In 2003, I wrote about a man waging an uphill campaign to pass state legislation to slow down trucks. Steve Owings, a Buckhead financial planner, was a grieving father whose son, Cullum, was killed a year earlier when an 18-wheeler slammed into the son’s car.
“We are total amateurs at this,” Owings admitted at the time. To gird himself for battle, the determined and successful businessman honed his skills by visiting a personal coach who told him goals must be visualized before they are achieved. Owings vowed he would not be deterred. “It’s our mission. We’re going to stick with this because we are right.”
The deadly crash this week that injured comedian Tracy Morgan and killed his friend had all the earmarks of the crash that forever changed Owings’ family. In both accidents there was a speeding, massive truck, an inattentive driver and a stopped smaller vehicle occupied by sitting ducks.
I recalled Owings had started an advocacy group, Road Safe America, and wondered what ever became of him. Tragedies often beget advocates, but it is unusual for them to endure for the long term. Energy often fades. Obstacles wear them down. Life moves on.
A Google search found that Owings has kept his promise to not fade away. Last year, Owings was appointed chairman of the Federal Motor Carrier Safety Administration’s advisory committee, a group with members from varied backgrounds appointed to make recommendations to the agency on truck and bus regulations.
In the past decade, Owings has immersed himself in regulation battles, increasingly in Washington. Perhaps 10 percent of his life since he started his quest has been spent in D.C. cajoling, debating and advocating.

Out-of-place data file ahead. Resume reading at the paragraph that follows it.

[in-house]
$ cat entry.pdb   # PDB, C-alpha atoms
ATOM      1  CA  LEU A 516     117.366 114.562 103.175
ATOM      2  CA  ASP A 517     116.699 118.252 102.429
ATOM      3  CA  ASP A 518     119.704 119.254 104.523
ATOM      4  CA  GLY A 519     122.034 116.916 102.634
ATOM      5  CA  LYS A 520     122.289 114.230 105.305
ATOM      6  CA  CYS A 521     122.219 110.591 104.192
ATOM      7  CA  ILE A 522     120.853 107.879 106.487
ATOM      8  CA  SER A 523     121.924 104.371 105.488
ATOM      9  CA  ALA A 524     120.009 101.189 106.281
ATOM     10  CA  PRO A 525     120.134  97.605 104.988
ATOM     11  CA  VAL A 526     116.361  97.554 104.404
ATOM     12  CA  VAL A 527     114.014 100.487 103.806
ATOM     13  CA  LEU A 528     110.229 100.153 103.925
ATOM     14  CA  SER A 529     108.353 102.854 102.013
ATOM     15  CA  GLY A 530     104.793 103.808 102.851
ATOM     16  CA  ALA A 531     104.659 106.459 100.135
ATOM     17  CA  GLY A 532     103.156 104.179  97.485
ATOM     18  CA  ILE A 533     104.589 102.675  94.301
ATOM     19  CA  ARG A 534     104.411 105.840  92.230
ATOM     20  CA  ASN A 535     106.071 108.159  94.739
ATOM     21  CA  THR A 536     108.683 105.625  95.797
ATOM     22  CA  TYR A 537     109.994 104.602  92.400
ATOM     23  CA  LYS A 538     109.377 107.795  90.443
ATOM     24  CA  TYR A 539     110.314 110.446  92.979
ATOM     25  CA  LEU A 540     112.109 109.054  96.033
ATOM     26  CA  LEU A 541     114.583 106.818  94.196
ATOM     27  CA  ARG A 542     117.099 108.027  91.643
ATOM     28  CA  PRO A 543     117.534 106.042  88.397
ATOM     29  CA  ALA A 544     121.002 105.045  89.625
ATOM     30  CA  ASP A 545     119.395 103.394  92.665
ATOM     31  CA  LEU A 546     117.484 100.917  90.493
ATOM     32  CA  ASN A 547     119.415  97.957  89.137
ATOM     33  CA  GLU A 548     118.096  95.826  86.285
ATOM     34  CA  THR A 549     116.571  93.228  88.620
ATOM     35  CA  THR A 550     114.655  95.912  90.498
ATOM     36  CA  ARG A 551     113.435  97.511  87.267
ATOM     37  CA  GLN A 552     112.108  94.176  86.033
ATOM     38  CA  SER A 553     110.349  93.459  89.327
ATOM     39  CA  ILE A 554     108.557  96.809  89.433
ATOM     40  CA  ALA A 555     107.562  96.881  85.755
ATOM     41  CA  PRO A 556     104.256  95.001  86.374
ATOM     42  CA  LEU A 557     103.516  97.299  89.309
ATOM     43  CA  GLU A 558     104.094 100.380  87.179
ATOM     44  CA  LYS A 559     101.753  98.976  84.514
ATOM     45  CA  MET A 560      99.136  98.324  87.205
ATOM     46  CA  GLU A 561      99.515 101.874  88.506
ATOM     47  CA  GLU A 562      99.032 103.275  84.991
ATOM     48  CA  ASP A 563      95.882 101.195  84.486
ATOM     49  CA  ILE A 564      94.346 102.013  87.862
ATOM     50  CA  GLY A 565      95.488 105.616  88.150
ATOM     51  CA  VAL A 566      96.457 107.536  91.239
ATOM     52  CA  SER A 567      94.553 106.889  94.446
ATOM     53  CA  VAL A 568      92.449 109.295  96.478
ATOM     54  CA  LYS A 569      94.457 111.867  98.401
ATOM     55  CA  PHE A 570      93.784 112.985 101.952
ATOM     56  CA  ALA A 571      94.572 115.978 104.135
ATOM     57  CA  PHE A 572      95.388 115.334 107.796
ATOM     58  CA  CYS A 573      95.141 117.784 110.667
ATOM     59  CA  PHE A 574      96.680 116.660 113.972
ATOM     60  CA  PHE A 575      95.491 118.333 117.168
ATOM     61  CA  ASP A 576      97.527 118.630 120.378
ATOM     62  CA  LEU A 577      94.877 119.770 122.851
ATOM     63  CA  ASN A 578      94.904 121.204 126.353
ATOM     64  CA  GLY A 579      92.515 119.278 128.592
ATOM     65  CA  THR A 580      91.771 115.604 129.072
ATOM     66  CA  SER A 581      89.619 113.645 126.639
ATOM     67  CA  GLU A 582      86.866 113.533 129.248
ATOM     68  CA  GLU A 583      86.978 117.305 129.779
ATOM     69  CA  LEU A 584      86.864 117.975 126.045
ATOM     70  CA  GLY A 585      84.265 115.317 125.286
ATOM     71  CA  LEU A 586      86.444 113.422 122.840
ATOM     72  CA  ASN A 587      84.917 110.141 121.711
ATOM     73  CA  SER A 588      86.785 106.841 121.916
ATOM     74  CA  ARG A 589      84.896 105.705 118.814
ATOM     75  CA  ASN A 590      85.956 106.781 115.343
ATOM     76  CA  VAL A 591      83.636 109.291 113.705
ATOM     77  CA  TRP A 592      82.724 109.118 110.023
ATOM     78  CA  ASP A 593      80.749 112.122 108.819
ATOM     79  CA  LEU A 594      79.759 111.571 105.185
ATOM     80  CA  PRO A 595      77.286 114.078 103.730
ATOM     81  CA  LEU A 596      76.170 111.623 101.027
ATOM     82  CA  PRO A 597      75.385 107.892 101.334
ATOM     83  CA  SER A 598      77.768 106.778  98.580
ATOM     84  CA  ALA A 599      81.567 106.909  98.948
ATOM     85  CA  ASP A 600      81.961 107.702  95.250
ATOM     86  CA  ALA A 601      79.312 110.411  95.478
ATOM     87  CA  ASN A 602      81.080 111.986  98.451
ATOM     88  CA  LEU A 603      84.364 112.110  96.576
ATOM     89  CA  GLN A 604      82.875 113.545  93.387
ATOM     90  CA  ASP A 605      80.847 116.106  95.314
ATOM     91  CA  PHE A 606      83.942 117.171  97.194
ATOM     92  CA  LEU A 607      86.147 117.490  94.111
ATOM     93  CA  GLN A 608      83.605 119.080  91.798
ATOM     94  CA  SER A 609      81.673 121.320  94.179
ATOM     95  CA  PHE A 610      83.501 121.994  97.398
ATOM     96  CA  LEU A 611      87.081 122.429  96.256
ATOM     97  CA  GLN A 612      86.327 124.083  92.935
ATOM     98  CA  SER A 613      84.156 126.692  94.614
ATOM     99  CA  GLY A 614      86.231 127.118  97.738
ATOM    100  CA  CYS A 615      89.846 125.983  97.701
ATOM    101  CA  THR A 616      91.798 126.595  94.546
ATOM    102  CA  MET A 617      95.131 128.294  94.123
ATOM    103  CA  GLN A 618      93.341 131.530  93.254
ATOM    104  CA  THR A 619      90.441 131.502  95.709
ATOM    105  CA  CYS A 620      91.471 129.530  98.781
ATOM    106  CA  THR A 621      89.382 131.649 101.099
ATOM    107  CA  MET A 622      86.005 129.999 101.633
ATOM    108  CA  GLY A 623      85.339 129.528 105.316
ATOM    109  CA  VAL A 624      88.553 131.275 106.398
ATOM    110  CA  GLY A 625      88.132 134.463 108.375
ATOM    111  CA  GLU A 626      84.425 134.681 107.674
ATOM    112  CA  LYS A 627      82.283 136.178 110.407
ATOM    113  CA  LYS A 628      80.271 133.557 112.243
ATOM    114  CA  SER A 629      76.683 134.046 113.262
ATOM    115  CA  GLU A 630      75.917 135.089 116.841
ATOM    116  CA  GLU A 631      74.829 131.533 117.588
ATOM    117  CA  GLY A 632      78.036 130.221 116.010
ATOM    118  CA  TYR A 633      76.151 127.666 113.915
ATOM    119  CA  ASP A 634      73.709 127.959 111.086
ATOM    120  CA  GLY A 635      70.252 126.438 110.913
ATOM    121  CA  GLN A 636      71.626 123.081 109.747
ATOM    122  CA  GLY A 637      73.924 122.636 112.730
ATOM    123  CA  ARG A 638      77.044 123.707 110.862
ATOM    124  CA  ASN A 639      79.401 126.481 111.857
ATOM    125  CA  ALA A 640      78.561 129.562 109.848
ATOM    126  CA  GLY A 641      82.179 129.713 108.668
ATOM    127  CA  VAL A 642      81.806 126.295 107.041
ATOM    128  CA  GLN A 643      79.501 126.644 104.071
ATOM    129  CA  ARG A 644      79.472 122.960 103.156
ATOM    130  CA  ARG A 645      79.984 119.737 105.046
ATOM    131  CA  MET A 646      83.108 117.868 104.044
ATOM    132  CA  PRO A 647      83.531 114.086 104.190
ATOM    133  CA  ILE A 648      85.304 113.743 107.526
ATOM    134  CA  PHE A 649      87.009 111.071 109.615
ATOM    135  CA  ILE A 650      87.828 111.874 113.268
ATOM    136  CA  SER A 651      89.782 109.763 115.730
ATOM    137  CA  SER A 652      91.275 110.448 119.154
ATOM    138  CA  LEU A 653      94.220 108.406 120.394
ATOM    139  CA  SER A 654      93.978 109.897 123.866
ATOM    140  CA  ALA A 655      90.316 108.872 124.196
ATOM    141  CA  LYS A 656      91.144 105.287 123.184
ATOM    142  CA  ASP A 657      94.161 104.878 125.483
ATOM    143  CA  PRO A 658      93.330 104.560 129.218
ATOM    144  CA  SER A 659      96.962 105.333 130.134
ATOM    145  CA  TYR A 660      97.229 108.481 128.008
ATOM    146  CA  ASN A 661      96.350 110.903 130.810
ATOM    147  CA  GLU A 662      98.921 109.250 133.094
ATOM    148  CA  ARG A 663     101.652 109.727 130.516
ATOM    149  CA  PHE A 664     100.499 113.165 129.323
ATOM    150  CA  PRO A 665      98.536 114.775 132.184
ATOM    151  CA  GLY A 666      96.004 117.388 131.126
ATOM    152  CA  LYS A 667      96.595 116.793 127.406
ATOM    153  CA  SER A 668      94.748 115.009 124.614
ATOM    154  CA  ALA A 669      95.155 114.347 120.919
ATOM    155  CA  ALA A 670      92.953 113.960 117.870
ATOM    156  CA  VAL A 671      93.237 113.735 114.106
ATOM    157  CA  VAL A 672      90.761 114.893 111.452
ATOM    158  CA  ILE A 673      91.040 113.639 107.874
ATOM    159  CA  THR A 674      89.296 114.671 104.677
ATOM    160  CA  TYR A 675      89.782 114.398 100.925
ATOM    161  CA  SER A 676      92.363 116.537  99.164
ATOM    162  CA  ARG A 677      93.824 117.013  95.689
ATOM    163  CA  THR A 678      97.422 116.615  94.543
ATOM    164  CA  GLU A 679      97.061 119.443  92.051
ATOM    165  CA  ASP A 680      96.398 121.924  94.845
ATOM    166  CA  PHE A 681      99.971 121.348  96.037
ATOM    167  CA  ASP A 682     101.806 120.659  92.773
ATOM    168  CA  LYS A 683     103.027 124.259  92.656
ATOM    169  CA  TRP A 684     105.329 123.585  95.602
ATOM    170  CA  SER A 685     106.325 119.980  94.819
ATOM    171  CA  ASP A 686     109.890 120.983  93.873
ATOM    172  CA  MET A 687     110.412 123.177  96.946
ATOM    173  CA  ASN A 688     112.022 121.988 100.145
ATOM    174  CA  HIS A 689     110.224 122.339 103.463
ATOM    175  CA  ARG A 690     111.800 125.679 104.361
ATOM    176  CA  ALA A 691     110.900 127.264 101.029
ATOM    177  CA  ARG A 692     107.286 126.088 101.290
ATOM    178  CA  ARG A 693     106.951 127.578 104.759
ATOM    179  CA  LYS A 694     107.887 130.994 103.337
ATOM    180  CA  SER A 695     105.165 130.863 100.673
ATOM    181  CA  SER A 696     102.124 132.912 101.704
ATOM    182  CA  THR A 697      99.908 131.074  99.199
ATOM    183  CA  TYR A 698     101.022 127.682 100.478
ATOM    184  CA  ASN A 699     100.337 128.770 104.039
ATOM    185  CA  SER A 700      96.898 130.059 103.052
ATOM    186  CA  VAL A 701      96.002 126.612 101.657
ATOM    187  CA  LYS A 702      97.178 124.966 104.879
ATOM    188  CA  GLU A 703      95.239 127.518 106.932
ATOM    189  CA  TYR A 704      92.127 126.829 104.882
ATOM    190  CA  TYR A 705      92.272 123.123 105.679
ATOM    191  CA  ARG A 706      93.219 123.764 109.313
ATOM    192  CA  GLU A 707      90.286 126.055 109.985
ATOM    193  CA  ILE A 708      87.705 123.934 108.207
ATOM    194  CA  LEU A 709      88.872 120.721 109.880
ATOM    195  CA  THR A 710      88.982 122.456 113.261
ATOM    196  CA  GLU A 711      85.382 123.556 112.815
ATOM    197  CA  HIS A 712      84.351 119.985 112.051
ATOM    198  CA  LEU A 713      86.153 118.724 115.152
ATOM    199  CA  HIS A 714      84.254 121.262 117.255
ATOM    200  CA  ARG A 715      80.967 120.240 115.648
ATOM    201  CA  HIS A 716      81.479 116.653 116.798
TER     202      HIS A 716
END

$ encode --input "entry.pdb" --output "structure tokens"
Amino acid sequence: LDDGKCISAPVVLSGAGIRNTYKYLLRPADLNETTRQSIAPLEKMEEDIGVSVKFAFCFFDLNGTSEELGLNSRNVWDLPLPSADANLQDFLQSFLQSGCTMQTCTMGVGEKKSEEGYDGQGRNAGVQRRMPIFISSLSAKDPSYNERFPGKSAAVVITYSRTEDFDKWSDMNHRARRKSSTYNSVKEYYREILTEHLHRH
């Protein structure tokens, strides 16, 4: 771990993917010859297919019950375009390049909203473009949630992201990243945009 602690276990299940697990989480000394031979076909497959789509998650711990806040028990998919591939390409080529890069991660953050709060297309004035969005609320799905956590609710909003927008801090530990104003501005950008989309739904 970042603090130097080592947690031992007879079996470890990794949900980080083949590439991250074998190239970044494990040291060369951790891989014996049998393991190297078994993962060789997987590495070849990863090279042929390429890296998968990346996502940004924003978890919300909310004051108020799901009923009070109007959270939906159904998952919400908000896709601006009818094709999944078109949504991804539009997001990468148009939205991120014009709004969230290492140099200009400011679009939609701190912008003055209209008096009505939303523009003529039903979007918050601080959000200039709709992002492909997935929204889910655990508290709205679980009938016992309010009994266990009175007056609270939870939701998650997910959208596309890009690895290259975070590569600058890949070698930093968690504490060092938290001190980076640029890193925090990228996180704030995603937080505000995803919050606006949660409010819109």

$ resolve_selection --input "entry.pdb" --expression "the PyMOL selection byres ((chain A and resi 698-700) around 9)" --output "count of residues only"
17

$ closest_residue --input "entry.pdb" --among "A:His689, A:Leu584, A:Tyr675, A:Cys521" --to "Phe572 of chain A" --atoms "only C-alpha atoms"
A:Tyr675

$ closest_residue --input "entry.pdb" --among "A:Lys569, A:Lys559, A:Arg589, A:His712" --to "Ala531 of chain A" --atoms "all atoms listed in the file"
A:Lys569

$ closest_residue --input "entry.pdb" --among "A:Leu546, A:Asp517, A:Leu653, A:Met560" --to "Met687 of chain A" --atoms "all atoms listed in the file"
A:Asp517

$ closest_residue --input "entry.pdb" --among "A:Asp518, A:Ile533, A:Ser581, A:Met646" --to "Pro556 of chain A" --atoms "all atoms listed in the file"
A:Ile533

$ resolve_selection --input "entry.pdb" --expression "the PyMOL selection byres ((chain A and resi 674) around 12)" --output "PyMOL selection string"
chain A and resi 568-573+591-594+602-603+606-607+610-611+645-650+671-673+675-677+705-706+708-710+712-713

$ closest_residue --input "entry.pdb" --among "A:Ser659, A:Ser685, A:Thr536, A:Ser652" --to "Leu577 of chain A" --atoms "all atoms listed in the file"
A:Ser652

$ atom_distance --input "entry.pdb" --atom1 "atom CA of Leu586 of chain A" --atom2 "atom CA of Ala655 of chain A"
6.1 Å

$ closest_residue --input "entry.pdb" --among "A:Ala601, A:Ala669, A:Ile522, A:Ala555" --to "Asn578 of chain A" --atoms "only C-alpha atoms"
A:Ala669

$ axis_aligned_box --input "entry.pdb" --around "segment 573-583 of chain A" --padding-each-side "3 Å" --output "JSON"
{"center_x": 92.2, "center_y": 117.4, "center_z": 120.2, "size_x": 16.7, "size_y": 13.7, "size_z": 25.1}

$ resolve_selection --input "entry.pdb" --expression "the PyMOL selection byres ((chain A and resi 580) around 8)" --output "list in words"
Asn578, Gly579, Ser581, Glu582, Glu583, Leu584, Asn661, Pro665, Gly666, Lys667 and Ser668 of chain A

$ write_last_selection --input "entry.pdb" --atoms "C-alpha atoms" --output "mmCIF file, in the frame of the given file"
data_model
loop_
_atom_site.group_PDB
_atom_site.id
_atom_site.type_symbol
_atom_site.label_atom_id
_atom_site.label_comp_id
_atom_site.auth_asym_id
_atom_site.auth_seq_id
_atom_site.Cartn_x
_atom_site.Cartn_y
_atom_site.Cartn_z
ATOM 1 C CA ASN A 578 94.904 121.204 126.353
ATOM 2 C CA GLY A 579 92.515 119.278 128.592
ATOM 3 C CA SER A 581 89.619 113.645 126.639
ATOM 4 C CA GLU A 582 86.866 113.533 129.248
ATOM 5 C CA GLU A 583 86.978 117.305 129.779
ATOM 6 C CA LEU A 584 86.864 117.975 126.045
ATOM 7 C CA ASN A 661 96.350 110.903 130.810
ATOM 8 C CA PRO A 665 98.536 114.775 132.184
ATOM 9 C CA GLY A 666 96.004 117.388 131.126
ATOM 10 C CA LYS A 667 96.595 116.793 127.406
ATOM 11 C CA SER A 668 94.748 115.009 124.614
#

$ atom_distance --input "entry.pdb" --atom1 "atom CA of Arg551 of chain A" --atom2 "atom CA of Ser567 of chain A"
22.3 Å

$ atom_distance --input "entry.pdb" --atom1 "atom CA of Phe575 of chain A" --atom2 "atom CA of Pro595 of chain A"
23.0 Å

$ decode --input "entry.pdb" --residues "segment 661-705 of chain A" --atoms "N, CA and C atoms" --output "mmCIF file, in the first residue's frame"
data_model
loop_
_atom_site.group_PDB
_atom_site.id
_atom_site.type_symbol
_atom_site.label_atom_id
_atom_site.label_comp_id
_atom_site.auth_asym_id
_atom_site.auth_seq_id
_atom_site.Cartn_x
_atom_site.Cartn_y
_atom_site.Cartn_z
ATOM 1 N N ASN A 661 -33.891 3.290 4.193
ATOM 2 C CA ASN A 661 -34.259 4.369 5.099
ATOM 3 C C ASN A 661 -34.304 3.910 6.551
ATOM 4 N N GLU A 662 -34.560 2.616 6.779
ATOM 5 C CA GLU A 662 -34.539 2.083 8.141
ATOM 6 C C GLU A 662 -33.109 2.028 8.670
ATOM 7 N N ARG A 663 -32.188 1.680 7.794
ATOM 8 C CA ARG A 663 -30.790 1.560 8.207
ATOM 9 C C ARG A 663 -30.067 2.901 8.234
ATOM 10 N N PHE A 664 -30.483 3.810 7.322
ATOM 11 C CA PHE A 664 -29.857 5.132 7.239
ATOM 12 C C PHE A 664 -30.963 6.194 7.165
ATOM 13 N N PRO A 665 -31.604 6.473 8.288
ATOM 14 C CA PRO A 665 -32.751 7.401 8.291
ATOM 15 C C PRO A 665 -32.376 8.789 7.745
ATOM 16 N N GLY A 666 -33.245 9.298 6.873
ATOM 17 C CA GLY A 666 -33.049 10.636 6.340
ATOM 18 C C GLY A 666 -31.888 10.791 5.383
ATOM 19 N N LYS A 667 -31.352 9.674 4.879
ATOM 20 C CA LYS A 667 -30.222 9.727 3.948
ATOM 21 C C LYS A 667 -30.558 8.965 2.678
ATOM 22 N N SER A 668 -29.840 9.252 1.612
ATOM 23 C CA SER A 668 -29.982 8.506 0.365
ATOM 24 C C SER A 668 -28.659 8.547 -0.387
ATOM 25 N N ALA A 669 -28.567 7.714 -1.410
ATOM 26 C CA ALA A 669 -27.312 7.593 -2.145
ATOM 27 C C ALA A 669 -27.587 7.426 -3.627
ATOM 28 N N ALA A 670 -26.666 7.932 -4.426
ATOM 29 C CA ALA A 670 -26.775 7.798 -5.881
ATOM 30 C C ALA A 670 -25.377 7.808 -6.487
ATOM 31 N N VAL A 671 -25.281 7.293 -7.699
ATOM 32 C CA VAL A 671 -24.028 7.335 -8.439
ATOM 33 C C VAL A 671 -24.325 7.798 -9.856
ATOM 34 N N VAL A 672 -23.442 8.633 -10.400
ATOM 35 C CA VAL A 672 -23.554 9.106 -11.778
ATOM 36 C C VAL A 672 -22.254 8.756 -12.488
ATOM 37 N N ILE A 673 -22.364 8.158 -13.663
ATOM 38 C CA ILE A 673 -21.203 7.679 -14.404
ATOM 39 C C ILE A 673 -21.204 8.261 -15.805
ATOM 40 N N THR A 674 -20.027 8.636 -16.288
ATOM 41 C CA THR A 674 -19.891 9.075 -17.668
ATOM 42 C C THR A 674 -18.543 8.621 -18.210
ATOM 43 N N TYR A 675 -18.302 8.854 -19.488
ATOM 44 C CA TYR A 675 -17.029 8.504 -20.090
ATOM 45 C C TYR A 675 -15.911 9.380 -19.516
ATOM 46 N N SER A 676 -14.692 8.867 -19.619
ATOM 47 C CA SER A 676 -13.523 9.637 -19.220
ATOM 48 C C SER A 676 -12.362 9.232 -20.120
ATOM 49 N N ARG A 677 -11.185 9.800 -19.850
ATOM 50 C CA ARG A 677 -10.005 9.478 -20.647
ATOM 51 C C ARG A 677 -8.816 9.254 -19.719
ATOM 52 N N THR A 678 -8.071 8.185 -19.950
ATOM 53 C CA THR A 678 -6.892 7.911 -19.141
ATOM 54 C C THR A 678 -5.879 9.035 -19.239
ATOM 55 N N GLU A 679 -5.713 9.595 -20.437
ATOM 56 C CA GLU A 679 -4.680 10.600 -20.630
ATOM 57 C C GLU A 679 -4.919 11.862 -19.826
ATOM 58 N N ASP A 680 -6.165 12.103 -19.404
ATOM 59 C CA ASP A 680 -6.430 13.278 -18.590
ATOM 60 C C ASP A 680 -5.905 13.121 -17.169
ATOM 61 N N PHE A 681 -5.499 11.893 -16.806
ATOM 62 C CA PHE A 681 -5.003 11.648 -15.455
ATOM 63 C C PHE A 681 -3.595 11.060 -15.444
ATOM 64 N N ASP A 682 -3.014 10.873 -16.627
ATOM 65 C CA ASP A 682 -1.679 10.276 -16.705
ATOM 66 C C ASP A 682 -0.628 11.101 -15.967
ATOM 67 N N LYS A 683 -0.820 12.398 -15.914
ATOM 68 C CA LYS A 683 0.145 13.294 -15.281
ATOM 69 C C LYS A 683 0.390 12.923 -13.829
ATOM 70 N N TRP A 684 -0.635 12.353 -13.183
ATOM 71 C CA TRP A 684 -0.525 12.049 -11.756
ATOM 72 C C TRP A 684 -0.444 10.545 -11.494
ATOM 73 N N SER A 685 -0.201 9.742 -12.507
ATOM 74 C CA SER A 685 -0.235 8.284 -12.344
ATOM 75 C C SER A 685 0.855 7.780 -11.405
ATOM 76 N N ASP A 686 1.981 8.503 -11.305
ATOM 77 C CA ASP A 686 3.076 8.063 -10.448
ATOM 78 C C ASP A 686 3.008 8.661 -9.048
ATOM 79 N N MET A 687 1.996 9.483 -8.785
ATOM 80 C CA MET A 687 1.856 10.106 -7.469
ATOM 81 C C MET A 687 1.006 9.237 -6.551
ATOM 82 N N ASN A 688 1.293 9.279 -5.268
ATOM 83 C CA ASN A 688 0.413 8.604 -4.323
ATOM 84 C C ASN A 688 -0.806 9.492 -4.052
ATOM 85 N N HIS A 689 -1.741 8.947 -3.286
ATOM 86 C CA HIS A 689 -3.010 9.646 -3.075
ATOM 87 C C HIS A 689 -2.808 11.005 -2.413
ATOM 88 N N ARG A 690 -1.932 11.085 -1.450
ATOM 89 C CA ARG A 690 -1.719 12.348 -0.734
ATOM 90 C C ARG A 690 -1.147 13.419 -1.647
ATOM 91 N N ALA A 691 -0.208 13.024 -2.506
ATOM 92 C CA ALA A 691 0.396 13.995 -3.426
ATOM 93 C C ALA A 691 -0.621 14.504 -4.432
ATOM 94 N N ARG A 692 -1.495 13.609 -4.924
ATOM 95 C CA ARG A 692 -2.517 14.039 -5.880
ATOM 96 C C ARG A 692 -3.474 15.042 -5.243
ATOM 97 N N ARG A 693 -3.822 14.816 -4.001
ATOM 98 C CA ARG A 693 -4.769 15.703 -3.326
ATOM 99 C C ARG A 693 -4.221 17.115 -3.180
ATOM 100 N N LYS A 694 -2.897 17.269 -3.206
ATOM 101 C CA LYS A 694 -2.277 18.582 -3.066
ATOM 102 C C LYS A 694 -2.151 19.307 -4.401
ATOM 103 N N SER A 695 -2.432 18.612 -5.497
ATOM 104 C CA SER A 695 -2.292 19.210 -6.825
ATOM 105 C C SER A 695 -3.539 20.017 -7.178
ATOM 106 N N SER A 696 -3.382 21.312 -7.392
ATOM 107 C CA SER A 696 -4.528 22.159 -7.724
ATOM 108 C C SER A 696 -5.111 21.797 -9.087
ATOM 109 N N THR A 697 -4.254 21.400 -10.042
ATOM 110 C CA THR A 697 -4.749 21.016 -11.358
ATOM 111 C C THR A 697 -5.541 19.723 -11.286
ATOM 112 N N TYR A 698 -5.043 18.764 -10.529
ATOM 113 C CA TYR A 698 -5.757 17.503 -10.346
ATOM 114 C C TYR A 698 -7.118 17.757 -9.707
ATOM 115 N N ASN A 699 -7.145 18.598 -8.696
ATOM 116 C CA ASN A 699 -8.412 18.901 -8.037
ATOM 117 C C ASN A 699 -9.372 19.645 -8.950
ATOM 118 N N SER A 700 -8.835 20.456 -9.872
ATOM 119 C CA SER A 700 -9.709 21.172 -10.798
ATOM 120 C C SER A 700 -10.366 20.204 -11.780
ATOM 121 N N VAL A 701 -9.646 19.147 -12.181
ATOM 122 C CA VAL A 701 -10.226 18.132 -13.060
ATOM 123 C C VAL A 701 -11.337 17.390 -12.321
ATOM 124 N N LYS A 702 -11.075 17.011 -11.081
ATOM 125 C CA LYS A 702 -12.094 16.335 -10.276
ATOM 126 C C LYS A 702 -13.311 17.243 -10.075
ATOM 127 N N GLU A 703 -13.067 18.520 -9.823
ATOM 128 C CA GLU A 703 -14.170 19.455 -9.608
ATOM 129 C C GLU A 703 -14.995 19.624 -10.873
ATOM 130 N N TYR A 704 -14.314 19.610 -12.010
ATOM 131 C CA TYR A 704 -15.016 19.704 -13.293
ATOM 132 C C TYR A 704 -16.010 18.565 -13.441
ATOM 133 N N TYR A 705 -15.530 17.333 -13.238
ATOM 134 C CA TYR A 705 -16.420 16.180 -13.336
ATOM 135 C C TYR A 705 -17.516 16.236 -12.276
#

These days, Owings, 59, looks pretty much like he did a decade ago - trim, full head of hair, a friendly, yet intense direct gaze. He inhabits a corner office overlooking Phipps Plaza and wears the uniform of a man in such surroundings: Blue blazer, starched shirt, loafers, no socks.
The recent crash brought together a celebrity and corporate America’s premier retailer. It was a Walmart truck. Once again, trucking safety is at the fore.
“The vast number of the worst crashes are companies you’ve never heard about before,” he said. In fact, this tragedy may help move the debate on truck safety, he said. “I hate that it happened,” he said, adding, “We’ll reach out to (Morgan) when he’s out of danger and see if he wants to help using his fame.”
'You drive as fast as you can get away with'
Over the next two hours, Owings talked about trucking safety, about driver fatigue, decreasing speeds, about increasing trucks’ insurance minimums, about doing away with paper travel logs and instituting electronic trip monitoring to prevent truckers from pulling 20-hour days.
“You drive as fast as you can get away with for as long as you can get away with it and you’ll make the most money,” Owings said, referring to the pay-per-mile model that dominates the industry.
He has become a font of statistics for his cause: trucks with speed governors are half as likely to be in speed-related crashes. Georgia ranks in the top five states for deadly heavy vehicle crashes. The minimum insurance level ($750,000) that truckers must carry hasn’t changed since Jimmy Carter was president, but health care inflation is up 600 percent since then.